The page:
EVEREST METRO POLICE DEPARTMENT
Honest, Fair and Dignified Service
5303 Mesker Street  Weston  Wisconsin  54476 | Phone: 715.359.4202 | Fax: 715.359.4204

Stalking

Him - again? How do you know when you're just suffering from unwanted attention or if you're actually being stalked? And what should you do if you are being stalked?

What Is Stalking?
Visit stalkingawarenessmonth.org. A person stalks a victim in Wisconsin when s/he engages in a “course of conduct” that causes the victim to experience serious emotional distress or to fear bodily injury or death of her/himself, to a family member, or to a member of his/her household. If the stalker knew or should have known that at least one of the stalking acts would cause the victim to experience this distress or fear, the stalker may be charged. In most instances, a course of conduct means two or more acts carried out over any period of time. However, if a person had previously been convicted of a domestic abuse offense or a sexual assault offense against the same victim, the person may be charged with stalking after only one stalking act against the victim.

Who Stalks?
Women stalk, but most stalkers are men. A stalker is much more likely to be someone you know than someone you don't. These are the people who can become stalkers, from most likely (your ex) to least likely (a stranger):

  • your ex
  • a casual date
  • an acquaintance
  • a stranger
  • Stalking Behavior
    A stalker may start with small, annoying, persistent actions and progress to criminal behavior. Some examples of stalking behavior are:

  • trying to start or keep a relationship that you don't want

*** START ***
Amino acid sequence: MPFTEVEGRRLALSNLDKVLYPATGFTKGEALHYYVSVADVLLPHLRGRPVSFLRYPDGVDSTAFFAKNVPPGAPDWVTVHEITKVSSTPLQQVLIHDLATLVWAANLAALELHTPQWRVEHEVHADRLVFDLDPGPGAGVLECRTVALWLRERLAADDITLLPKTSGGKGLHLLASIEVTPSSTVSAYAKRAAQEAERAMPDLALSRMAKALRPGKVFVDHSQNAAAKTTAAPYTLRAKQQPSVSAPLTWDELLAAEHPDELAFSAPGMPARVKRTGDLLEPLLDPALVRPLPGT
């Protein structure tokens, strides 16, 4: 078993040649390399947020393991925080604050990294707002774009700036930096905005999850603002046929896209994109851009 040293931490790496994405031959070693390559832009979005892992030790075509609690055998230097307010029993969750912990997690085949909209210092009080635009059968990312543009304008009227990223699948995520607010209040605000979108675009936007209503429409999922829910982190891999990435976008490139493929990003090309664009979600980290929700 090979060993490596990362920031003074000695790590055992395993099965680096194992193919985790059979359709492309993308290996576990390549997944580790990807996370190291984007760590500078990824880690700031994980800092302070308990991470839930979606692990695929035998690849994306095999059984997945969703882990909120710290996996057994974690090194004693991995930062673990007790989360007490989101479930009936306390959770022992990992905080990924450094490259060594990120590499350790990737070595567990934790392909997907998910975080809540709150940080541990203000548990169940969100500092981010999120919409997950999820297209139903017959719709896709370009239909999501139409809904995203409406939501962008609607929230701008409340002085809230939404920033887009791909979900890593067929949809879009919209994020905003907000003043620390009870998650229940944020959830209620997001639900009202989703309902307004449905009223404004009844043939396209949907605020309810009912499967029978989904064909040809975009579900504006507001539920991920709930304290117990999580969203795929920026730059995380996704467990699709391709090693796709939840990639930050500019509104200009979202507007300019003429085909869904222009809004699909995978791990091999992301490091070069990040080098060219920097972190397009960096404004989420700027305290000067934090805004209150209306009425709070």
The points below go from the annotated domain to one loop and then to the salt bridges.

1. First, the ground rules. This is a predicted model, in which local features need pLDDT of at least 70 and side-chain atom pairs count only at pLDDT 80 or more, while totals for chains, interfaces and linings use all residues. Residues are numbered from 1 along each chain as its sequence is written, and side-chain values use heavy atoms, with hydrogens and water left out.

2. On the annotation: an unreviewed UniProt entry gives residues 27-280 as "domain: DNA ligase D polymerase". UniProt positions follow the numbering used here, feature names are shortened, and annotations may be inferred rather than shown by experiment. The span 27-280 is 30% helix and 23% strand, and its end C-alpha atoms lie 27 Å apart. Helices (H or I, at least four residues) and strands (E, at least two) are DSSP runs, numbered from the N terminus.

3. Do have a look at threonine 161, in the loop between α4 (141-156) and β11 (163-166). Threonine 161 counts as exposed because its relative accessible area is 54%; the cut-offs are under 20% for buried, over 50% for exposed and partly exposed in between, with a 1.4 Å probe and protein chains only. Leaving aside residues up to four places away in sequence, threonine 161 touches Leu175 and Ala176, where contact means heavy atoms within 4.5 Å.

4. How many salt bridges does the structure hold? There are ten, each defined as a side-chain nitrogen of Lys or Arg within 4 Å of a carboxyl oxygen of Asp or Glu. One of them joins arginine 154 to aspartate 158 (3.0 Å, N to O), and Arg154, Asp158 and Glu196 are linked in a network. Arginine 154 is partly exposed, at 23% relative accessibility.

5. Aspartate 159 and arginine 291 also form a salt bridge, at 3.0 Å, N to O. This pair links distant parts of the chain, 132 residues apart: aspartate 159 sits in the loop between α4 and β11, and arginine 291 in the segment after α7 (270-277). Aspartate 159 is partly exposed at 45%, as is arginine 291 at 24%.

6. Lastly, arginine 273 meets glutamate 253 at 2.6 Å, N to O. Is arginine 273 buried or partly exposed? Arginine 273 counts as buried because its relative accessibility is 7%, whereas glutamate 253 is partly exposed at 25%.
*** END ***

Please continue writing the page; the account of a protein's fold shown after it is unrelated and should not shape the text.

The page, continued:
• threatening you or the safety of someone close to you
  • harming you
  • unwanted repeated calls, text messages, e-mails, or letters
  • following you
  • If You're a Stalking Victim
    Imperative Step Number One: Find an ally. Do not deal with this potentially dangerous situation by yourself. You must tell your parents or another trusted adult immediately.

    Pay attention, to the stalker - and to yourself. Never ignore the first signs of stalking. You have a creepy feeling about someone? Sit up and take notice. Always, always trust your instincts. It beats someday saying, "I knew there was something wrong...I wish I'd paid attention."

    Talk to the police. Don't put it off. The longer the behavior continues, the harder it may be to stop because the stalker may have become more obsessive. No one can accurately predict if a stalker will actually become violent. A confrontation with a police officer stops most stalkers.

    Document thoroughly. Write down all of the stalker's behavior in detail. Keep answering machine tapes, letters, e-mails, gifts, photos, etc.

    Consider a restraining order. Although a restraining order can make a bad situation worse, it does gives notice, which is essential for legal action. It will frequently stop the offending behavior.

    Cyberstalking
    Someone is hassling you online? Or you want to avoid ever having someone stalk you over the Internet? W.H.O.A. (Working to Halt Online Abuse) reports they get about 95 requests for help each week due to true online harassment. For information on preventing and dealing with cyberstalking, see the Working to Halt Online Abuse Web site.

    For more information on stalking, see the National Center for Victims of Crime.

    To discuss a potential Stalking situation, please contact Everest Metro Captain Mark Hull at 715-359-4202.

    Related Links:

  • Domestic Violence Awareness
  • Domestic Abuse Law
  • The Women’s Community, Inc.

  • To protect our citizen's right to be free from criminal attack and be secure in their homes and possessions. The Everest Metropolitan Police Department will utilize all means at its disposal to accomplish this mission.

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    Objective, impartial decisions and policies are the foundation of our interactions. We are consistent in our treatment of all persons. Our actions are tempered with reason and equity.

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